52 years male patient c / o swelling over left side of palate since 8 months gradually increase in size soft in consistency non tender...suggest ur opinions regarding diagnosis and treatment plan

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Dear From the PIC. given it is confirmed that it involves most part of soft palate and in soft palate 80% tumours are Scca and thus need biopsy to rule out the malignancy. Therefore I think biopsy is a valuable tool for confirmation of diagnosis.

this is palatal tumor . minor salivary gland origin. may be pleomorphic adenoma or adenoidcystic ca. or any other minor salivary gland malignant tumor. first u should do FNAC than Radiology than plan for surgery.

Other name for Lipoma is universal tumor. It can be seen anywhere in the body. Cases have been reported in the literature. CPCJ:INTERNATIONAL JOURNAL of cleft lip and palate. A demographic survey for associated anomalies in orofacial cleft patients. Out of sample size of 3468 patient, 7 cases were reported after histopathological confirmation.

lipoma is a soft tissue origin with nature of fatty tissue and never seen on hard palate, where the palatal mucose is tightly packed. In oro facial cleft, the growth are commonly tags seen is syndromic patients and they are not lipoma. FNAC is a reasonable diagnostic aids with a simple occlusal radiography. clinically the lesion doesn't appear to have a cortical expansion. the D/D can be as simple as pleomorphic or nasty minor salivary gland tumor, however I would suggest have a simple radiography done to rule out possibility of any hemangiomas which may give u a sleep less night during fnac.

the non tender nature of the swelling coupled with its soft consistency is indicative of cystic growth. An X-ray to measure the extent of proliferation followed by an FNAC would be the right protocol for diagnosis.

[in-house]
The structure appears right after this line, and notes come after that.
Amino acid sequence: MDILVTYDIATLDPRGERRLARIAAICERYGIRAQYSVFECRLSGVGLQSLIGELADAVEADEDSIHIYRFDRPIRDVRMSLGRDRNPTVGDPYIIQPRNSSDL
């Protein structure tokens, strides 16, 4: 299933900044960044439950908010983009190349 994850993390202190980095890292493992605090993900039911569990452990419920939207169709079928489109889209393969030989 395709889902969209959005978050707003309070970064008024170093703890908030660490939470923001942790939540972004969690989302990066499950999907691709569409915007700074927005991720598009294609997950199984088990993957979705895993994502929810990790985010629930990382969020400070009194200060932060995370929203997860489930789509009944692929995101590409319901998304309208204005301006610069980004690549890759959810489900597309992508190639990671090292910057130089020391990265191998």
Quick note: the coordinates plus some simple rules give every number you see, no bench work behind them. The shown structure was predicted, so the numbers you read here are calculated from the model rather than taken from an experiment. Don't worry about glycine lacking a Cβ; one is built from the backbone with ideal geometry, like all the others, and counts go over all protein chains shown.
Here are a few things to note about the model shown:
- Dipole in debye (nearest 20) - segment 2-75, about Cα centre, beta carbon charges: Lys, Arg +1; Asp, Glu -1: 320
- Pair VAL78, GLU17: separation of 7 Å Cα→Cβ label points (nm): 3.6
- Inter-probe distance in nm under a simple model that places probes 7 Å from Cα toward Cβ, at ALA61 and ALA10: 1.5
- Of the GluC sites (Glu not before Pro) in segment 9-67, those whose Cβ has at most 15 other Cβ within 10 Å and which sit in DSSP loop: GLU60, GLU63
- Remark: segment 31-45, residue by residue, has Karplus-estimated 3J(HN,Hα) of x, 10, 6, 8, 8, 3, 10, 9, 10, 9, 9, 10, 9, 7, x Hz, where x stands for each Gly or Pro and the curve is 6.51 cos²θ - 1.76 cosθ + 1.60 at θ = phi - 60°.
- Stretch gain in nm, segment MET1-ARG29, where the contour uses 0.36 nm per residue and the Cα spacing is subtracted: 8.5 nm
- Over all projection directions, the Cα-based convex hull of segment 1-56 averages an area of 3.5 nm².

First advise FNAC and Biopsy......diagnosis become easy.

Please go for a regional CECT first. Or at least a transoral sonography. Than an FNAC. Teeth of the patient are suggestive of use of betel nut and tobbaco a known carcinogen for oral CA. . But the look of the swelling per se doesn't necessarily point towards malignancy and also there are no other features of premalignant changes in the visible adjoining oral cavity. As told by you that it is non tender soft lump my most probable diagnosis will be Lipoma. But still proper work up is needed before definitive treatment.

Thanks a lot Dr. Nitin Sharma for the link and support for the differential of Lipoma on hard palate. I suppose the end to this discussion lies in the hands of our beloved pathologists. With due respect to all the contributors in this discussion I take the liberty to request Dr Wahab On behalf of all of us that please do update us about the climax of this interesting chapter.

Thanks a ton Dr. Chander Shekhar for sharing the link. A very interesting article which I came across is worth to highlight the features of intraoral lipoma especially on hard palate. http://www.ncbi.nlm.nih.gov/pmc/articles/PMC3918111/

why biopsy is not indicated?

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